• More reactions to NPR One: James Cridland, a radio consultant and managing editor of media.info, praised the app for its integration of local and national content and expressed frustration that the BBC, his former employer, didn’t beat its American counterpart to the idea. And in Fast Company, Zach Brand, NPR’s v.p. of digital media, discussed the importance of the human curation side of the app.
• Cyberchase, public TV’s math show for kids ages 6 to 11, has secured another five years of support from Ernst & Young LLP, producing station WNET in New York announced Tuesday. The accounting firm has sponsored the series for eight years, and in 2007 it created an employee volunteer program using Cyberchase programs and activities. So far, more than 650 Ernst & Young staffers have extended Cyberchase activities to 1,700 disadvantaged children in 17 cities, according to WNET.
• NPR wants to know what keeps its listeners tuning in. With a new campaign, Story Nation, it’s encouraging listeners to email or share on social media their reasons for listening to public radio, using the hashtag #whylisten. NPR will gather responses for what it calls a “broader narrative,” including on-air testimonials.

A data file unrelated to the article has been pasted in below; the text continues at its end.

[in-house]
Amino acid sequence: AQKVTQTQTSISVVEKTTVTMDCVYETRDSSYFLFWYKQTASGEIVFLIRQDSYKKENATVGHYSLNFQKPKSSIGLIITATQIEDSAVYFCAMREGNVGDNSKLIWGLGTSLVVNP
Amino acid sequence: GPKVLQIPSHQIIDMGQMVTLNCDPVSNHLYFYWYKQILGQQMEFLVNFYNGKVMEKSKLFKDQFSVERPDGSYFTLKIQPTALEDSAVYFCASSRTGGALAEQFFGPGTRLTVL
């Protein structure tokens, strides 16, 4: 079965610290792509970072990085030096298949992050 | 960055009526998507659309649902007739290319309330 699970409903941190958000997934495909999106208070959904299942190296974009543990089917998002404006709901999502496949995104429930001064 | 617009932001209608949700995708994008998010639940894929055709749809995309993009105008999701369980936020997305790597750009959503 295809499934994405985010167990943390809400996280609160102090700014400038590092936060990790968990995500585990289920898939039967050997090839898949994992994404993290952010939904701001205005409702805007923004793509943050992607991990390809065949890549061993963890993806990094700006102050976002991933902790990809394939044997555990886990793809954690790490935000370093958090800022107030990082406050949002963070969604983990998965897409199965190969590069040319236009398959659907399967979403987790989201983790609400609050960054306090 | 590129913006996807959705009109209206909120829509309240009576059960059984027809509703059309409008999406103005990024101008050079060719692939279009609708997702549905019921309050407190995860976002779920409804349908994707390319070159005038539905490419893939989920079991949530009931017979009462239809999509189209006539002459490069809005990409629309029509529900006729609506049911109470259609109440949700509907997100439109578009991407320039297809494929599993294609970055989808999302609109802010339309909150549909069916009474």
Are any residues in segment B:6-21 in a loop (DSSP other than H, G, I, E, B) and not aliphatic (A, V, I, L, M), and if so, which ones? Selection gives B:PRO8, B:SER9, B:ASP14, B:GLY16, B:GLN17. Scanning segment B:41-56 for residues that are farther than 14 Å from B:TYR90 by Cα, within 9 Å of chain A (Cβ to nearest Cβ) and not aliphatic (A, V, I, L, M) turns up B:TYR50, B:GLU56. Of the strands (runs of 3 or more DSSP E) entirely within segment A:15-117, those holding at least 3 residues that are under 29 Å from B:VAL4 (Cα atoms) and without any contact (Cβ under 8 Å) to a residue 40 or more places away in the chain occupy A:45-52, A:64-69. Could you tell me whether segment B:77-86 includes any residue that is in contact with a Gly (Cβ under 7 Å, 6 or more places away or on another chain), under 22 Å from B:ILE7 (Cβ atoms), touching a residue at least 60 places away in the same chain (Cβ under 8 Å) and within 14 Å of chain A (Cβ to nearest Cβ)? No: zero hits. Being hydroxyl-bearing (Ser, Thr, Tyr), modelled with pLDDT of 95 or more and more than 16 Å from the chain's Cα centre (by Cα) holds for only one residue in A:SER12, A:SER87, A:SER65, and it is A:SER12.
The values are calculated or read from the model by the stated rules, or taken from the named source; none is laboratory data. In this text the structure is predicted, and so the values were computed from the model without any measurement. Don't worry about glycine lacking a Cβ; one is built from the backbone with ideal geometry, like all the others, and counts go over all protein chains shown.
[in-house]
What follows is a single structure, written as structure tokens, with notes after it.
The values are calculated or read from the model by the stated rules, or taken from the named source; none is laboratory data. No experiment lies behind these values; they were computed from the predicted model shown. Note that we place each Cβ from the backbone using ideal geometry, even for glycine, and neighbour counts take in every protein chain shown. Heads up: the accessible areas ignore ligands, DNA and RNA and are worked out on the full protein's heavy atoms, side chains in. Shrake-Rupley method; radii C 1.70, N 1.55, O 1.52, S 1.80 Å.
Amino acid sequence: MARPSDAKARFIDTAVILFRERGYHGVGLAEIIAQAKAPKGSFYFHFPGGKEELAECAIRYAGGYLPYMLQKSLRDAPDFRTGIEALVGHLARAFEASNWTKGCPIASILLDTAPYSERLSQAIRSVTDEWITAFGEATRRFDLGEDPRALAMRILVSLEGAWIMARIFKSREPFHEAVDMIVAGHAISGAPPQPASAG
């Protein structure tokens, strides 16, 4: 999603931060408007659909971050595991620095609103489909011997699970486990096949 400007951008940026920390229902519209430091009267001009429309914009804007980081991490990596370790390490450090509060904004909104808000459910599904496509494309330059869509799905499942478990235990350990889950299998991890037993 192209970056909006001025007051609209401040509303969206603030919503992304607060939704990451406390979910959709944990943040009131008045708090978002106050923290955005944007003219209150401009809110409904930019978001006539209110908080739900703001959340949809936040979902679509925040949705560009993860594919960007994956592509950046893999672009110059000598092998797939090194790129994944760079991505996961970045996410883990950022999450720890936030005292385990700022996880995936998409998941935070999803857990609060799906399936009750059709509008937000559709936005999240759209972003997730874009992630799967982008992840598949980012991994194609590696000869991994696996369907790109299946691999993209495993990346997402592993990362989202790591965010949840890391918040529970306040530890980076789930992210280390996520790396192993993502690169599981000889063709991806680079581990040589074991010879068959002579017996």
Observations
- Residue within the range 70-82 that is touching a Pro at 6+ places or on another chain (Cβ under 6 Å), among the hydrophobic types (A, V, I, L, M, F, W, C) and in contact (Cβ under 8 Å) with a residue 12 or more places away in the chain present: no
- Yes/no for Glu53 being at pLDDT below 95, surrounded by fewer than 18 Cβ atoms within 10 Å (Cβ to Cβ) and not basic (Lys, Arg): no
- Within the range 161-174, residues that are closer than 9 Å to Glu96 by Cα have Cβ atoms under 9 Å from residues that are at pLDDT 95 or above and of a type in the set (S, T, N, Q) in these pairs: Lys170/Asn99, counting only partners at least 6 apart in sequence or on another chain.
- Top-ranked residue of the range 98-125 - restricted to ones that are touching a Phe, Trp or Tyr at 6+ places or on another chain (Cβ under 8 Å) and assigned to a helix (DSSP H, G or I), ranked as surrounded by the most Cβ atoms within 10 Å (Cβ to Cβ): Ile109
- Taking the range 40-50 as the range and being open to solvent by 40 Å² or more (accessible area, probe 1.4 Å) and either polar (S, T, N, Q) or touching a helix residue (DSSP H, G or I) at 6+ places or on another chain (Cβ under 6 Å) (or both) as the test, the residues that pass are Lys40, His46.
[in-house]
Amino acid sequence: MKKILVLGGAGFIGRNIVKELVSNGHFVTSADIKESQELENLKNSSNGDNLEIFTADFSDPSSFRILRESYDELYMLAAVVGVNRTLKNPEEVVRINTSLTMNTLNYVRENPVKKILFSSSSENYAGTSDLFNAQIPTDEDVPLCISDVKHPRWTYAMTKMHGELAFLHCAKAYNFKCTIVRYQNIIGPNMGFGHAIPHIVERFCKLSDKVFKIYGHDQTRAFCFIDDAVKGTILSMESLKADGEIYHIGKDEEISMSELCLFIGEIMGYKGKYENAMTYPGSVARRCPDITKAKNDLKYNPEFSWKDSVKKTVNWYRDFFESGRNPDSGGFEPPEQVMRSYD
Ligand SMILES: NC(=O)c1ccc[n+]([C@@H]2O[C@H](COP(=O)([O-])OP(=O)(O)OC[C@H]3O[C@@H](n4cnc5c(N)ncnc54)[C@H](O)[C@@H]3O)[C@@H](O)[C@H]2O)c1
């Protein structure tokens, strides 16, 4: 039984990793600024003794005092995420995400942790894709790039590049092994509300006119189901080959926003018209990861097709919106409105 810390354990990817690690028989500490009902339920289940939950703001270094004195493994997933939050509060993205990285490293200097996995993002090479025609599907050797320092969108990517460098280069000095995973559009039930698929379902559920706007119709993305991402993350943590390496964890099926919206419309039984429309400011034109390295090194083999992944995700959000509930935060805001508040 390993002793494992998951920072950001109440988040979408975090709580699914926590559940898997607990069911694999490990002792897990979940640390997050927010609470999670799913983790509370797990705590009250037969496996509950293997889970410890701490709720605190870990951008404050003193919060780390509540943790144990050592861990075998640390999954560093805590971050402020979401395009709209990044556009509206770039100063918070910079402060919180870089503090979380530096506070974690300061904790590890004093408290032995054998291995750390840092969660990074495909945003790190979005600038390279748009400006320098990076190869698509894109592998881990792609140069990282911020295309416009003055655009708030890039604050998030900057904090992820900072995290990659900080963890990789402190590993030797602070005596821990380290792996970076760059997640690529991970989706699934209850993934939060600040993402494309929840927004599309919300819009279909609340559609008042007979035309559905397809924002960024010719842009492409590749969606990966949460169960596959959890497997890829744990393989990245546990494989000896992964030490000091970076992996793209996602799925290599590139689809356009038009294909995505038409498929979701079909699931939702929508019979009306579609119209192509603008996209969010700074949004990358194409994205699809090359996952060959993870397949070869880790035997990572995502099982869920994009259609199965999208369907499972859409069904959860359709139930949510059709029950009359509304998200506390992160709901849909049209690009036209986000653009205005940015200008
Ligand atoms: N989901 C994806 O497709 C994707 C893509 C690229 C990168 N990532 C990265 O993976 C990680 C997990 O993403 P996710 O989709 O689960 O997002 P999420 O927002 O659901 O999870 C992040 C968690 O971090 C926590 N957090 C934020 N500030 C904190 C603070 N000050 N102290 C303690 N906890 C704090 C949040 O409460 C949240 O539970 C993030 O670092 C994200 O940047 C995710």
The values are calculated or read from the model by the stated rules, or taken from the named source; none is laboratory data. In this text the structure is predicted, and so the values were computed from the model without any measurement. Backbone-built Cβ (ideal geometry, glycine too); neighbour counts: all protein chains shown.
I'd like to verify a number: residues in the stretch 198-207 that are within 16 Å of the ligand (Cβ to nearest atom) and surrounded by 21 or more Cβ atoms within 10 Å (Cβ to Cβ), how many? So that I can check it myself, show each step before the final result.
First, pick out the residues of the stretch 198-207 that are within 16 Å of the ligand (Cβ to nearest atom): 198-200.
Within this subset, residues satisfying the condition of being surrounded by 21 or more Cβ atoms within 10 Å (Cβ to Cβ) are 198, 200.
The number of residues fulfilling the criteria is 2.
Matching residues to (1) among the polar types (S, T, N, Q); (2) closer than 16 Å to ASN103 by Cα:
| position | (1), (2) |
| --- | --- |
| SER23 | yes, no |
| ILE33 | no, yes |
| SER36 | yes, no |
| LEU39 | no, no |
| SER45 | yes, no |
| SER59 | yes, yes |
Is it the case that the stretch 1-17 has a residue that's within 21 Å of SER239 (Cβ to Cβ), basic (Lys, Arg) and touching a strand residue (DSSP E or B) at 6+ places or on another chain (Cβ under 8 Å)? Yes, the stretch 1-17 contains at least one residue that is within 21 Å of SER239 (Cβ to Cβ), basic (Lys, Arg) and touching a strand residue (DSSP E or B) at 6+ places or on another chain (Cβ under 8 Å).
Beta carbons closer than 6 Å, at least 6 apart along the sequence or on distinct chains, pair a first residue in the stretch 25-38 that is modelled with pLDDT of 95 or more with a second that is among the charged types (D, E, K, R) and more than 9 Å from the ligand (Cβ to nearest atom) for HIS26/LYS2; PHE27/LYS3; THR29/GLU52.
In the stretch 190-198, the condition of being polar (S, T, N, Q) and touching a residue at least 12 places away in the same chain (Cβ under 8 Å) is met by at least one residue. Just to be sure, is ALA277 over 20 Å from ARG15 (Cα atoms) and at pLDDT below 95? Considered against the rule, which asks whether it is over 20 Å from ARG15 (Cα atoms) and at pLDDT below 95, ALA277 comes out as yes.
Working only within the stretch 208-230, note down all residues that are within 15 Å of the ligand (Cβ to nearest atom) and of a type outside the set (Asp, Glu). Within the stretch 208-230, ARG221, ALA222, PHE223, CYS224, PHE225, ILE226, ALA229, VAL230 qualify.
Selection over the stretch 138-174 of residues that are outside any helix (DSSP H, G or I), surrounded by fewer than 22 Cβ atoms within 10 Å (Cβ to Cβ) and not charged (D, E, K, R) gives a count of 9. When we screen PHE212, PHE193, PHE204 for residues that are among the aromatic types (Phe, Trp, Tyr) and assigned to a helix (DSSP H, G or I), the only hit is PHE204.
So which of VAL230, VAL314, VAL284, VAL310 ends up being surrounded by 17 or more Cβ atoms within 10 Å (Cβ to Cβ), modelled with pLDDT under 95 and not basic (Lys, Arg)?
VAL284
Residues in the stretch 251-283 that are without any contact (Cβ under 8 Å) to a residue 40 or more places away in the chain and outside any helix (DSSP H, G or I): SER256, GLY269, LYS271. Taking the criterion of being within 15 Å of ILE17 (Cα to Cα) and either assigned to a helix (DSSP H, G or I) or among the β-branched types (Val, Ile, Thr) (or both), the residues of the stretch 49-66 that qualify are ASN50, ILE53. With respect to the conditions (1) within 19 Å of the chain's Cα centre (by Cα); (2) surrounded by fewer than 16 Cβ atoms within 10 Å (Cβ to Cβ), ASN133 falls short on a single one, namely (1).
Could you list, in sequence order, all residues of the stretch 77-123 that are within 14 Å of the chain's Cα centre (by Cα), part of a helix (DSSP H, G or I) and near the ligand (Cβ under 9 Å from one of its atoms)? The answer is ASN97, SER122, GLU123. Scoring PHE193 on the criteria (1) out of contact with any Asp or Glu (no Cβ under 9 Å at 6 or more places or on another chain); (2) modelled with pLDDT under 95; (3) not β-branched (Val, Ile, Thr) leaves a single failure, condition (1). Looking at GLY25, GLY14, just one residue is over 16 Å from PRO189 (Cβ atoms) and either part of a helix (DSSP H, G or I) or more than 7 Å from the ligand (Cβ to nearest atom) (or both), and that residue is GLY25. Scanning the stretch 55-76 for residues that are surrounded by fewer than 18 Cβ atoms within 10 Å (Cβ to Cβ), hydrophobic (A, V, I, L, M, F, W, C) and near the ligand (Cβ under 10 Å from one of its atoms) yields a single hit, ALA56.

• Apple is close to purchasing the radio/podcast app Swell for $30 million, according to Recode. The app’s website says the service is no longer available. Swell allowed users to curate talk radio and podcast programming from content partners including NPR and American Public Media.
• Poynter Institute media ethicist Kelly McBride and New York University medical ethicist Art Caplan have launched a podcast about ethical choices in daily life. Everyday Ethics, recorded out of the studios of WUSF in Tampa, Fla., will be produced twice weekly and hosted and edited by WUSF All Things Considered host Craig Kopp. Poynter announced the program in a July 28 release.
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